Just over month ago I turned 30.
I had so many plans and dreams and expectations about what 30 would look like. I wasn’t one of those people who dreaded it. I expected to leave the struggles and uncertainty of my twenties behind me and embrace a new decade as a more powerful and confident version of myself.
I wasn’t exactly wrong… but I wasn’t exactly right.
I enjoy taking time around stereotypical life milestones to reflect on things leading up to that point, compare it with my expectations, and readjust as I move forward. As 30 crept up on me I hungered for that day to come and go, one to symbolize a new beginning… a chance to start fresh. You know the “we can start over on Monday” mindset when you mess up a diet. I needed that with life.
As it turns out, I’d get that – just not in the way I expected.
Most of my twenties were incredibly amazing… times and decisions I wouldn’t trade for the world. I learned so much, grew so much, experienced so much. Not all experiences and growth were pleasant… many were painful and difficult. Each experience and decision led me to where I am today.
Today I’m sitting in my new downtown loft leaning against my upholstered headboard with the glow of the twinkle lights I just attached to it filling the tiny dark room. Despite having just moved in a few days ago, I’m completely unpacked and beginning to feel somewhat settled in. I’m cuddled up in my ruffly teal and purple bedding, complete with a matching mermaid sequin pillow. My room here is tiny, just big enough for my bed, nightstands, and my dresser, which is adorned with my growing collection of stuffies (I keep my favorite purple/rainbow giraffe, Pink, in bed with me). It’s silent minus the sounds of my fingers on the keyboard and the occasional siren or random shouting from the streets.
Despite the fact that it is tiny… I’m proud of my room. MY room. I’ve never ever ever in my 30 years had my own room. Growing up as the second of four children meant I was used to sharing my space. When I moved away from home to my internship program after high school I shared a room with 5 other girls. I made a short pit stop back at home for a few months after that year and half internship program and before getting married. When we eloped I first shared a house with my new husband and his two other roommates for a few months… eventually we moved out on our own to a one bedroom apartment, then a two bedroom apartment, then to what we thought was our dream house which we sold just last year and we moved back into an apartment. Each place was ours. but this one… it’s just mine.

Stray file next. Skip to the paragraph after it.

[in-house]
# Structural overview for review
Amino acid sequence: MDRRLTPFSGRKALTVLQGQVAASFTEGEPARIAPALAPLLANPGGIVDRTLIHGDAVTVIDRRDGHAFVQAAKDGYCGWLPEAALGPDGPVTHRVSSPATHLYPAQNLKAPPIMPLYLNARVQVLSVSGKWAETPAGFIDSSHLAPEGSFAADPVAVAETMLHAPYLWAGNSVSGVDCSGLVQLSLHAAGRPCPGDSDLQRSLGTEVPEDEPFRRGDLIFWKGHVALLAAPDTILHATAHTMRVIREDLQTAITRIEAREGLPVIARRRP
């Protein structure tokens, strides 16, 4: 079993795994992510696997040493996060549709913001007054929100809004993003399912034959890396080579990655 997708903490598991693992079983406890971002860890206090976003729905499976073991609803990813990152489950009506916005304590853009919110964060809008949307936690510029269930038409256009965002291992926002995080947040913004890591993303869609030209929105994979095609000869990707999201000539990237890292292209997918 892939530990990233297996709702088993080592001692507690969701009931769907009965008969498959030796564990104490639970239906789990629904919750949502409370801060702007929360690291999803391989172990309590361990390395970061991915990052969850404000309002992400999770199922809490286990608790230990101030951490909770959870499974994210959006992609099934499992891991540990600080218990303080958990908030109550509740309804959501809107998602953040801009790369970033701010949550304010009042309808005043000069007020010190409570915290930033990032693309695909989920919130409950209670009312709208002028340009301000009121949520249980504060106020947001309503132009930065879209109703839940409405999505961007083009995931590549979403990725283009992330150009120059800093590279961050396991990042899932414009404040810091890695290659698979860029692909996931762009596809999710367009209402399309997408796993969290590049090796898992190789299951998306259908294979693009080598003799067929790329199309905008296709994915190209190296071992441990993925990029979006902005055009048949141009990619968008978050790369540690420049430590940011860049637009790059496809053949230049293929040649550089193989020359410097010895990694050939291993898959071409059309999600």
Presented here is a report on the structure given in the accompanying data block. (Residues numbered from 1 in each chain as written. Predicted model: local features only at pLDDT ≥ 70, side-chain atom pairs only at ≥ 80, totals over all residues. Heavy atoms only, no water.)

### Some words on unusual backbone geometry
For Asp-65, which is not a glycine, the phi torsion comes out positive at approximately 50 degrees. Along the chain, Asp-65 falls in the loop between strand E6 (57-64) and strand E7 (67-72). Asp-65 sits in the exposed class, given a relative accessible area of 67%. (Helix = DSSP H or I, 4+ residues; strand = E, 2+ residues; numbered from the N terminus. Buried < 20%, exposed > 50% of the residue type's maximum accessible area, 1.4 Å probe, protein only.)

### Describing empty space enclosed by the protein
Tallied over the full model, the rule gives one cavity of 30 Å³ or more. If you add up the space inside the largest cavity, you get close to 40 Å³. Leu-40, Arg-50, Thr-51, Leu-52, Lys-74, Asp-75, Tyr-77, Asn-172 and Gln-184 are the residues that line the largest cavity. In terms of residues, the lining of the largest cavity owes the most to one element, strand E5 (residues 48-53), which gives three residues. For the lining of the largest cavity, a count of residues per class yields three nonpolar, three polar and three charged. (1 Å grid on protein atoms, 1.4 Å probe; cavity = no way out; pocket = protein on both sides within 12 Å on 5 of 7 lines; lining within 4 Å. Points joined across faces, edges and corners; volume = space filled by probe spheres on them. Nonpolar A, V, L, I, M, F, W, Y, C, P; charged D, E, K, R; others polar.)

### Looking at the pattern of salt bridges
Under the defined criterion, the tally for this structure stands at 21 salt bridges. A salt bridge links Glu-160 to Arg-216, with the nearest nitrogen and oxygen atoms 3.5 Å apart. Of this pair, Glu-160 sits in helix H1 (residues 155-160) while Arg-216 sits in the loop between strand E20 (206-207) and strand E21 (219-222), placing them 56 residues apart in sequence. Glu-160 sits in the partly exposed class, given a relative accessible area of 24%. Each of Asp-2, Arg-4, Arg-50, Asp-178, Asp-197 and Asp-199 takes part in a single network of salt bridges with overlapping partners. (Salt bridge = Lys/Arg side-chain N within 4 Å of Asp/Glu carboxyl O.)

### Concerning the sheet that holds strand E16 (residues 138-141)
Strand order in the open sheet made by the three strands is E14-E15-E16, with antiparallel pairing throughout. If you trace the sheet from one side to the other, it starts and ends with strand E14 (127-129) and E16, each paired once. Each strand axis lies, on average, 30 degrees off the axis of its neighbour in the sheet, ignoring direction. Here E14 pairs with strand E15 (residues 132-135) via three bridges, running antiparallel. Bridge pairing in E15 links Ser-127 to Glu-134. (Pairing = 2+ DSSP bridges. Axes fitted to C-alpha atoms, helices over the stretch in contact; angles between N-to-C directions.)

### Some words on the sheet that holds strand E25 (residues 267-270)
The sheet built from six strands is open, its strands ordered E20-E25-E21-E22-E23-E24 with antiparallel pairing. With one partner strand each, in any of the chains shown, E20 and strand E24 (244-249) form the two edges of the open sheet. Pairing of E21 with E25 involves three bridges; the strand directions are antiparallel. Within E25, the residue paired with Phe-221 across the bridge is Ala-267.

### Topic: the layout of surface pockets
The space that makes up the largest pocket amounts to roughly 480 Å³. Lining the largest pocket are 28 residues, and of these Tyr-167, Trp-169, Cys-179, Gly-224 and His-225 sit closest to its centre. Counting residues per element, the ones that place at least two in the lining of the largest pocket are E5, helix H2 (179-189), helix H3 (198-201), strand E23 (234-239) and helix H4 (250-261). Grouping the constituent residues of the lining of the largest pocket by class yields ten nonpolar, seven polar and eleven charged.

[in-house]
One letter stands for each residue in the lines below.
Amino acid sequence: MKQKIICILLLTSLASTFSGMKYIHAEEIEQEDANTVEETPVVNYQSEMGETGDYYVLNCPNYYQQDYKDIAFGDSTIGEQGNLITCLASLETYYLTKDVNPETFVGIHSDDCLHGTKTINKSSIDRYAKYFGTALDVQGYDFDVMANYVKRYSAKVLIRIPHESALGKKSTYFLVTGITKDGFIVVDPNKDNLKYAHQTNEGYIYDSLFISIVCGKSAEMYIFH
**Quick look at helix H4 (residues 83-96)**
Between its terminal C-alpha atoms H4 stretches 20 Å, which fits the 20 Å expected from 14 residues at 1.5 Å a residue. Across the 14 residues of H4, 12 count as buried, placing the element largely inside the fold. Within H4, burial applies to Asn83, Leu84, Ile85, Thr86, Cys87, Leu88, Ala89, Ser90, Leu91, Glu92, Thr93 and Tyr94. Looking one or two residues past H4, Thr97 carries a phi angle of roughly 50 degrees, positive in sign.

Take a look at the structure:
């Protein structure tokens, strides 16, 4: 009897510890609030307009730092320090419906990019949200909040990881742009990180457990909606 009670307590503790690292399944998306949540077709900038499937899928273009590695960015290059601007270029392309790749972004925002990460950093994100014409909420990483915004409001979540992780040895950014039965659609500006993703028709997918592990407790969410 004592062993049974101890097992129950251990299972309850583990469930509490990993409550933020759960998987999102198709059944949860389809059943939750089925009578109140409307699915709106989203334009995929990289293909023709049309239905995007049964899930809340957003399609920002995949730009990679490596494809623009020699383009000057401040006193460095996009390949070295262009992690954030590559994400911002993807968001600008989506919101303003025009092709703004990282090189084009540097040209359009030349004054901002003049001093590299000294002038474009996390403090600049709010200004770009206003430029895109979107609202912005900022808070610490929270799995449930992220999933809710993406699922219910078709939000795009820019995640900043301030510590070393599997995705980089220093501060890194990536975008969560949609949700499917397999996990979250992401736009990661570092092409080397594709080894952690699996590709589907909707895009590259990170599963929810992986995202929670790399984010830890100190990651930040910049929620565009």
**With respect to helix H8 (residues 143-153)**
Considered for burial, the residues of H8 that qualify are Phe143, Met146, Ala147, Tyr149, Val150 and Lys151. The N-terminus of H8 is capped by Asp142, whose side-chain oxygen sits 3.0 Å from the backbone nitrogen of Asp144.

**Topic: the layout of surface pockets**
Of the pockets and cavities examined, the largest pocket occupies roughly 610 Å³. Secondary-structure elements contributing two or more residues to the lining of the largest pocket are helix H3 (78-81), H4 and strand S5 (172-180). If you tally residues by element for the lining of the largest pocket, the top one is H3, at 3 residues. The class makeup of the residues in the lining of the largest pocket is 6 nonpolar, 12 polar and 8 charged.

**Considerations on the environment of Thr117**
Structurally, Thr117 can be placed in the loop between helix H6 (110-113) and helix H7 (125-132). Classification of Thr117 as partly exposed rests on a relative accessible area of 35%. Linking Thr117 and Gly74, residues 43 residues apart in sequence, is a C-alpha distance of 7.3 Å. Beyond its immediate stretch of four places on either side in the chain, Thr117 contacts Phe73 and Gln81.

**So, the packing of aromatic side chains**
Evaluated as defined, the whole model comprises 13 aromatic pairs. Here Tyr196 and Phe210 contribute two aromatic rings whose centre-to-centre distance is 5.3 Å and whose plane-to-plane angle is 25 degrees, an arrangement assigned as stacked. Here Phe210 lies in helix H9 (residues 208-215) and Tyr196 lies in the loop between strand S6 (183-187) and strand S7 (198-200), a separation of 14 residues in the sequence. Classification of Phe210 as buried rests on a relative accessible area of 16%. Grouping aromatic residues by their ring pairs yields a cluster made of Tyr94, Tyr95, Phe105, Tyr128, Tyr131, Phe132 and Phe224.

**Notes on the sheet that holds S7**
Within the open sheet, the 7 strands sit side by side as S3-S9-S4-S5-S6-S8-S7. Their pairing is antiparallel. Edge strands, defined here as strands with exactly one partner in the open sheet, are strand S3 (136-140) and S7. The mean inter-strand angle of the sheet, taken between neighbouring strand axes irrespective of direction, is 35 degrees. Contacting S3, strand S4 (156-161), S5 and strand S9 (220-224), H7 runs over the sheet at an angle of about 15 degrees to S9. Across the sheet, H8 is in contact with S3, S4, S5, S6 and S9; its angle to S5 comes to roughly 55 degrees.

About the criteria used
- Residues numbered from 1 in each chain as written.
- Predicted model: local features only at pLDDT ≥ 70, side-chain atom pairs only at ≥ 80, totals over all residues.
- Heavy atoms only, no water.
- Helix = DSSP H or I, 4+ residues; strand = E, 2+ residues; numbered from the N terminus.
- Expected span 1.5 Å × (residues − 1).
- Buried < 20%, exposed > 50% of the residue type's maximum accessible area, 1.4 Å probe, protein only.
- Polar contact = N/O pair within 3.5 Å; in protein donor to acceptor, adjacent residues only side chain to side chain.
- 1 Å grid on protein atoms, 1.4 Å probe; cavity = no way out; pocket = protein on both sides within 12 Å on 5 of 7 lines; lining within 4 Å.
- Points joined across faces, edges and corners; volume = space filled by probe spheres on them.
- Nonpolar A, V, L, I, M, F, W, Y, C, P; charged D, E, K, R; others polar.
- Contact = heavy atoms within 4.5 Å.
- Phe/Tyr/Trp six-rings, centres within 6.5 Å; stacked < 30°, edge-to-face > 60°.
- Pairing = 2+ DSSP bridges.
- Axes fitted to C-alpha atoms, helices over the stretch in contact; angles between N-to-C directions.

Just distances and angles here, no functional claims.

Ah, yes. There it is.
The bombshell I’ve been dancing around.
It feels like there is no truly natural, not awkward way to acknowledge the ending of a season… of a marriage. Life happens. People change and grow and not always at the same rate or in the same direction. We were young, oh so so so young. For a long time we skirted around the seriousness of the issues we were living with. To the world we may have looked like we had it all together, that we were living our happily ever after. We played the parts so well that even we were unaware of many of our issues. We did things right… This wasn’t supposed to happen to us… The fear of disappointing each other, ourselves, and those who believed in us was so heavy that we couldn’t be honest with ourselves. Neither of us did anything more wrong than the other. We still love and care for each other, but we have admitted to ourselves and each other that we are no longer the best fit for each other in a marriage. We are still friends and we will continue to be as we co-parent together. Providing a loving environment… or two… for our daughter is our main priority.
I’m not trying to pretend like this has been easy. It hasn’t. Disassembling the life we built together for nearly a decade hasn’t been easy logistically: we’ve had to decide who gets what stuff and create a schedule for who has our daughter when… financially: the same income we lived on together in one household now has to stretch to cover two households… and emotionally: there is hurt that needs to heal, sadness that needs to felt, and dreams of a future together that need to be mourned. I’ve had days where I feel stronger than I’ve ever been and I can take on the world… and I’ve had days where all I’ve done is cried and getting out of bed seemed to be impossible. I’ve spent countless hours playing through every way I could have done something different to fix it and and just as much time excitedly dreaming of every new opportunity this presents. It’s been a roller coaster. I know those ups and downs will even out eventually… that letting go and moving on is a process.
So, this is 30. Embracing the opportunity for growth that this new decade provides I am now pursuing my dream of becoming a counselor, leaving the suburbs for downtown city living, and disassembling the life we shared as I rebuild myself and my life on my own… now that it’s just mine.